OLR Research Report

October 27, 2006




By: James J. Fazzalaro, Principal Analyst

You asked if a municipality can establish, post signs regarding, and enforce speed limits on (1) private roads generally and (2) private roads within a special tax district in the municipality.

The Office of Legislative research is not authorized to give legal opinions and this report should not be considered one.


Municipalities have both a general authority to regulate traffic and the speed of vehicles on streets within their jurisdiction and a specific authority, acting through their legal traffic authority, to set speed limits on local roads, including private roads wholly within the municipality under their jurisdiction. This authority does not appear to exclude private roads in special taxing districts. Although the law authorizing municipalities to set speed limits does not explicitly state they may post signs notifying the public of the speed limit set on a private road, this appears to be implied from language in the law that makes the owner of a private road liable for the costs of erecting speed limit signs.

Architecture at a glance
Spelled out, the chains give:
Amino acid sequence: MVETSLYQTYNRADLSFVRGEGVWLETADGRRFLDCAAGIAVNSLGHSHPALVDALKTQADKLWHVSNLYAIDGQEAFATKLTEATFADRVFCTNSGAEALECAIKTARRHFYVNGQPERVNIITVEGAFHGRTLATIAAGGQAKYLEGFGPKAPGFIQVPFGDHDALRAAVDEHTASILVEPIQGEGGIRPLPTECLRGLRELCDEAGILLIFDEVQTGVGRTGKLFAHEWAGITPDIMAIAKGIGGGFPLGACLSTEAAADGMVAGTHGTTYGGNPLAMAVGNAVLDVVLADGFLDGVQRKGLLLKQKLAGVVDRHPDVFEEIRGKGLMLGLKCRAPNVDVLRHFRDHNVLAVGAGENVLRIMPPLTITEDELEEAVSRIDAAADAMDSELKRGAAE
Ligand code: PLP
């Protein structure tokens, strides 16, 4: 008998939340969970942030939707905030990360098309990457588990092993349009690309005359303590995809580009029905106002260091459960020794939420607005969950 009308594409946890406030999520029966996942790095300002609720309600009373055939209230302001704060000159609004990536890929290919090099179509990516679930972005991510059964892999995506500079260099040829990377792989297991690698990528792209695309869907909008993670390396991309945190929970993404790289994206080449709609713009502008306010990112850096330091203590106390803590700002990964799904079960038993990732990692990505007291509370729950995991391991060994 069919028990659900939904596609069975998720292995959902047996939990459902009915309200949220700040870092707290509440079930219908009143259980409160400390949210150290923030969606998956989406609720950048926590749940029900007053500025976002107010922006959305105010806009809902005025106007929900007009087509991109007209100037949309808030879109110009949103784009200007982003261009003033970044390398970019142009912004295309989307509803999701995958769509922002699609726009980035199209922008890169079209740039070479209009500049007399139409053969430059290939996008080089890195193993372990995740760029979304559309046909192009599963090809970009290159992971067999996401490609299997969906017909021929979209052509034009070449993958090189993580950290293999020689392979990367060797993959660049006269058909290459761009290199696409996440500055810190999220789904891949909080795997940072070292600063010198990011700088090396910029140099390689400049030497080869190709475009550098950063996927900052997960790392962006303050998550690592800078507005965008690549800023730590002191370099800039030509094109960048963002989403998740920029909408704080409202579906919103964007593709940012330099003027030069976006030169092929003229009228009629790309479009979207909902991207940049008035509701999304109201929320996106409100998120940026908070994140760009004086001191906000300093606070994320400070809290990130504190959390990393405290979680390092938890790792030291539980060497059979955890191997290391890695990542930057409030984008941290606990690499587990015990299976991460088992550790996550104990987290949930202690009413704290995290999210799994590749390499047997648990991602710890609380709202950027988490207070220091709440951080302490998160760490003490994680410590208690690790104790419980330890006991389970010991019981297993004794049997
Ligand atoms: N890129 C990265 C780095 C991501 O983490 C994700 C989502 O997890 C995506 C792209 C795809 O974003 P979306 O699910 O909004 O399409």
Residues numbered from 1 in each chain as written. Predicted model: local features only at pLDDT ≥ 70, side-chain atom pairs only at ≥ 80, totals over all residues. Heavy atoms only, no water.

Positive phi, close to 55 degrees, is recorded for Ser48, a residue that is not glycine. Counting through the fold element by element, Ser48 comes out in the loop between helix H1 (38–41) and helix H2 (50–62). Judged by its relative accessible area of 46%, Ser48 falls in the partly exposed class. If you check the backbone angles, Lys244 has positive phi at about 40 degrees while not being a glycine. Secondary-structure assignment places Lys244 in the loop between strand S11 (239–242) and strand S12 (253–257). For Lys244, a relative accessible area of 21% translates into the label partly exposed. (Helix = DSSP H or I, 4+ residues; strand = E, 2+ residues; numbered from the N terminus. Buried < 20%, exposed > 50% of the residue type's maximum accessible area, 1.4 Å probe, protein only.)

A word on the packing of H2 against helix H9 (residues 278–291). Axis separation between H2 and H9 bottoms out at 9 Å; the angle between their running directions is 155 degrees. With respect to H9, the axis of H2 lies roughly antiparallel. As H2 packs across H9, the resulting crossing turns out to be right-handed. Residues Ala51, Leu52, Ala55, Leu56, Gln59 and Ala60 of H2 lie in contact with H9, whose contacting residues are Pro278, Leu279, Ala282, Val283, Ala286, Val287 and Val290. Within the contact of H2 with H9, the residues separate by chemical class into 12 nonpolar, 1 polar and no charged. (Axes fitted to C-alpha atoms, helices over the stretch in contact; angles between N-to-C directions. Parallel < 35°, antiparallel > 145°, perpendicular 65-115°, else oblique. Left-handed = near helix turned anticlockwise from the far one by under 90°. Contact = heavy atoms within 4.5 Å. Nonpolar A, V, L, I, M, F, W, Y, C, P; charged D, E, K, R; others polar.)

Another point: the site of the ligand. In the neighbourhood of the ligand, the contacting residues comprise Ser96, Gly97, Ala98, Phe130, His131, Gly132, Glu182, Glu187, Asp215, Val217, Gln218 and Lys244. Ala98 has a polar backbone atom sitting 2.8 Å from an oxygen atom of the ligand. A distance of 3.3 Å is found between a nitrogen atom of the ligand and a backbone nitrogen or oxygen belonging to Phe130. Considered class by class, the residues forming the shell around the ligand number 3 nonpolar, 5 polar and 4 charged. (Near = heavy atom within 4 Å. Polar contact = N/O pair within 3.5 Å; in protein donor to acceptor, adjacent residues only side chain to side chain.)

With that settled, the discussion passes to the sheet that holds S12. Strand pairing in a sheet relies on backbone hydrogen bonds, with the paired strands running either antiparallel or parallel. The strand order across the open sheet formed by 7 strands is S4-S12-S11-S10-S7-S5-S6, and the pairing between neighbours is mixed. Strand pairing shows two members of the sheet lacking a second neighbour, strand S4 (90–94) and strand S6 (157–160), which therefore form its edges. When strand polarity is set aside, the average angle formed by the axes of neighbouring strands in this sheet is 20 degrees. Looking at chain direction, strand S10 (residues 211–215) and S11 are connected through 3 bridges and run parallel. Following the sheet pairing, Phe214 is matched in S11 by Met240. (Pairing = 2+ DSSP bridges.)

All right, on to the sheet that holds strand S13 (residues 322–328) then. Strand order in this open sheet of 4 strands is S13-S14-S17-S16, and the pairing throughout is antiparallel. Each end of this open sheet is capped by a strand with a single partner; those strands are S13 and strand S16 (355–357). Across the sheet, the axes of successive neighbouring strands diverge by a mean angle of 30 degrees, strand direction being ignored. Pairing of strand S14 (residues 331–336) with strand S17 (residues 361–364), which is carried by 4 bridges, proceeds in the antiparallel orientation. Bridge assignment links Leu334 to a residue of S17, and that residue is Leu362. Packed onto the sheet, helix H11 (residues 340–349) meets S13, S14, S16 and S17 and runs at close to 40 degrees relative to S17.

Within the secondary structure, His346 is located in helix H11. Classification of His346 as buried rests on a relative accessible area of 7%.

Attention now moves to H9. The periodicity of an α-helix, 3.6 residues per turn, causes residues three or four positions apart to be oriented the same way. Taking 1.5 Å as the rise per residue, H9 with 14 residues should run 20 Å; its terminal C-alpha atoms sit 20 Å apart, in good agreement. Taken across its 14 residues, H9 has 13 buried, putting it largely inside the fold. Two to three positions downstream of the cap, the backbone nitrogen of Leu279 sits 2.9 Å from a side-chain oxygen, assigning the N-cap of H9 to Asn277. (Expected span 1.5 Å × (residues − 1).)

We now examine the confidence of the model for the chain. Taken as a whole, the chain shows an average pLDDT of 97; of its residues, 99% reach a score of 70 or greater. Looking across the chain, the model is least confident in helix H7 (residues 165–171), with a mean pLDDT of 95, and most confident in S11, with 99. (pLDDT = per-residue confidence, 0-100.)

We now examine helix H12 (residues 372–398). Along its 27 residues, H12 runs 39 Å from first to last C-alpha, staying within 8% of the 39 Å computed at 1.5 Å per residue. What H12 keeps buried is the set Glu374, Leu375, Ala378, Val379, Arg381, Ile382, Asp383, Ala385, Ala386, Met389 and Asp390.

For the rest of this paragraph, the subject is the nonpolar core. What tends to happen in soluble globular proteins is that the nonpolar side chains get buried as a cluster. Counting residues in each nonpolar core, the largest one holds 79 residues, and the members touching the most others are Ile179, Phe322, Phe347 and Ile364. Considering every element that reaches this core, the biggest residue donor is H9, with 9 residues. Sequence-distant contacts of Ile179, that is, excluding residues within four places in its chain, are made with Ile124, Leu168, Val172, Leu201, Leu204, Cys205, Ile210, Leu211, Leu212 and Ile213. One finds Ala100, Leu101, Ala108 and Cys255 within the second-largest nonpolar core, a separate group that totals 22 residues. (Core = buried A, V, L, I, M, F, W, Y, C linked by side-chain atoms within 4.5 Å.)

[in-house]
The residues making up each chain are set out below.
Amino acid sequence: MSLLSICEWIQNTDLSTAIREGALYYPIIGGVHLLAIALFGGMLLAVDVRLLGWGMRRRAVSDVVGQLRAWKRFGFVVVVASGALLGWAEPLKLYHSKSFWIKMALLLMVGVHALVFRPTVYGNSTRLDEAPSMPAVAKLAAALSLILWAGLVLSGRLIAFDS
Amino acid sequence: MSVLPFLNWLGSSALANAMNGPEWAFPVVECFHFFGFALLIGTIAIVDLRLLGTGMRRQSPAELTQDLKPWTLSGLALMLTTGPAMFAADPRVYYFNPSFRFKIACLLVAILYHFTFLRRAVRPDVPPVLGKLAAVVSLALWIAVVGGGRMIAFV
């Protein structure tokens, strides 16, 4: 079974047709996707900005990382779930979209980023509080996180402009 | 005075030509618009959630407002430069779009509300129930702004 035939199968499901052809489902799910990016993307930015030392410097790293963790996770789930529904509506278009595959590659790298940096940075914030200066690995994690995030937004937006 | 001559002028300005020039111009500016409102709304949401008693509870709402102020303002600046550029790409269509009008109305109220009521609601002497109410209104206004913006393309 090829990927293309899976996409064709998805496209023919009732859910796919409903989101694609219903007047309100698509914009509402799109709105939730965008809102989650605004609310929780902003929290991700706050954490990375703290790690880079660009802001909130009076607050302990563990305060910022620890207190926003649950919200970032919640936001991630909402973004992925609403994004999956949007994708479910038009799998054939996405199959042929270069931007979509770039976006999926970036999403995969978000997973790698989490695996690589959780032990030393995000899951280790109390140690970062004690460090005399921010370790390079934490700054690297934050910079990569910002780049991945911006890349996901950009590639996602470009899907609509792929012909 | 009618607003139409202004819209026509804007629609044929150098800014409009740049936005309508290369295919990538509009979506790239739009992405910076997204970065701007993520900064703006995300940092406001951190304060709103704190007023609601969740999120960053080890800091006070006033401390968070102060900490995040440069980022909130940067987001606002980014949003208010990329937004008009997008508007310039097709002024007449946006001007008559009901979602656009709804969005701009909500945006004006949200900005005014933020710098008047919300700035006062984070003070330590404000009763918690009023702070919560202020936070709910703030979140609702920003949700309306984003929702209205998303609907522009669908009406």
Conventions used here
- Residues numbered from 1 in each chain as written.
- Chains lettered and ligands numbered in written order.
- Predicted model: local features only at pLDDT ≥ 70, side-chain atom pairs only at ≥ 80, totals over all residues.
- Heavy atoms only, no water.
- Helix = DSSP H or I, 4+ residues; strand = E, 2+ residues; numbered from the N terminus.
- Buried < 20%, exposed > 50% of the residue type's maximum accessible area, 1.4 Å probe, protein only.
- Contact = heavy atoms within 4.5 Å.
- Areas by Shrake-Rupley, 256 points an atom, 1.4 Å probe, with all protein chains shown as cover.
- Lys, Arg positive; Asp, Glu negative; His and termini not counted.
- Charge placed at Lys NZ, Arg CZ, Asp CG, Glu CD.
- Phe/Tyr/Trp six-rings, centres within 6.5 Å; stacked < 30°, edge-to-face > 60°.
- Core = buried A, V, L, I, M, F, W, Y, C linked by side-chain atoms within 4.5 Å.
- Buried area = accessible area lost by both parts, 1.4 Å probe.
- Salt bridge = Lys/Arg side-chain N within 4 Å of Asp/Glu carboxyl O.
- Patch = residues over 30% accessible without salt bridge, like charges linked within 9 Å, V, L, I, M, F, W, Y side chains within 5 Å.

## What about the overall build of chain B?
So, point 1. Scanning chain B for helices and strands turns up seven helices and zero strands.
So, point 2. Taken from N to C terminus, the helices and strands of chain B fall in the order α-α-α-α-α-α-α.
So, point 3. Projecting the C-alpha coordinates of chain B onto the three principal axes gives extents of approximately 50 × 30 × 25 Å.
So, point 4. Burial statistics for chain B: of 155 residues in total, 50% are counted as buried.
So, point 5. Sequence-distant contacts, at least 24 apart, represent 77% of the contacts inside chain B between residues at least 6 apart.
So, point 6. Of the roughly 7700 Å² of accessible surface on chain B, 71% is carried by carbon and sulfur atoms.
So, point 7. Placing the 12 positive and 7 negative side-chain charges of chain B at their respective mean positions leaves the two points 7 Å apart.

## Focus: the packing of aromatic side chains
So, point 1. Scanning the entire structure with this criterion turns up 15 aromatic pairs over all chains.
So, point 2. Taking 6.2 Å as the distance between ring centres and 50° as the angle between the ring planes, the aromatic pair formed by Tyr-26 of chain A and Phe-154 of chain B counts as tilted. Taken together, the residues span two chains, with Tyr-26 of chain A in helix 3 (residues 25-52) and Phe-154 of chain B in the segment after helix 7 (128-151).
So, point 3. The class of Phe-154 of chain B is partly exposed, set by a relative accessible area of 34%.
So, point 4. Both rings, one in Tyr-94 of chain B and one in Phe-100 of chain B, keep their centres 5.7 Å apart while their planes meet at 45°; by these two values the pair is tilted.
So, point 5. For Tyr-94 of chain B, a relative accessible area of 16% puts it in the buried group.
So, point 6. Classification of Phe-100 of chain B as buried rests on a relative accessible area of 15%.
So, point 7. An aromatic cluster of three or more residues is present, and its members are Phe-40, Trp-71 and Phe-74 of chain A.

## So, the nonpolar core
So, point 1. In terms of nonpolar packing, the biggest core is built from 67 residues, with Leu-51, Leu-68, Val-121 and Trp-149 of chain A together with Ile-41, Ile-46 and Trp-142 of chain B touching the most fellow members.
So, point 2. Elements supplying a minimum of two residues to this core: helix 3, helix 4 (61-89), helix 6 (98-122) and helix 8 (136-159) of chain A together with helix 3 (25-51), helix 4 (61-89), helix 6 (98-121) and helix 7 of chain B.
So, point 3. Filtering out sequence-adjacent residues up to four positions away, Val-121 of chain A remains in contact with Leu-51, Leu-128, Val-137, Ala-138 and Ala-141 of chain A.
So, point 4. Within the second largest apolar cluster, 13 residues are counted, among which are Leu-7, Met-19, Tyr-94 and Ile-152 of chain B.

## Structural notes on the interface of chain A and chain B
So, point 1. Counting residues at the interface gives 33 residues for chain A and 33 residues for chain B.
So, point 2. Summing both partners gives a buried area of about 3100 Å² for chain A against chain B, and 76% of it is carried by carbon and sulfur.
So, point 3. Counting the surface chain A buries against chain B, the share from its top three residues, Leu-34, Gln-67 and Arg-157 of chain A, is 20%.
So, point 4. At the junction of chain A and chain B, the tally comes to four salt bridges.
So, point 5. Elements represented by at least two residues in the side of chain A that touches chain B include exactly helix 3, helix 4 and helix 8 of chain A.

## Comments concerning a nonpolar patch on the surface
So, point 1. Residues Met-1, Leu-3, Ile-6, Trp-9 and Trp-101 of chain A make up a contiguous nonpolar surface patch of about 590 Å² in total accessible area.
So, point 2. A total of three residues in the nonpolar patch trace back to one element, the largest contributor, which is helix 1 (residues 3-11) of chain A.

Although the statutes do not explicitly state that a municipality may enforce a speed limit it sets on a private road, or for that matter on any road, there is considerable case law that addresses the question of express and implied powers. In general, the Connecticut courts have found that when a general power is conferred by law or constitution, whatever is necessary for the effective exercise of that power is, in the absence of express authority, conferred by implication.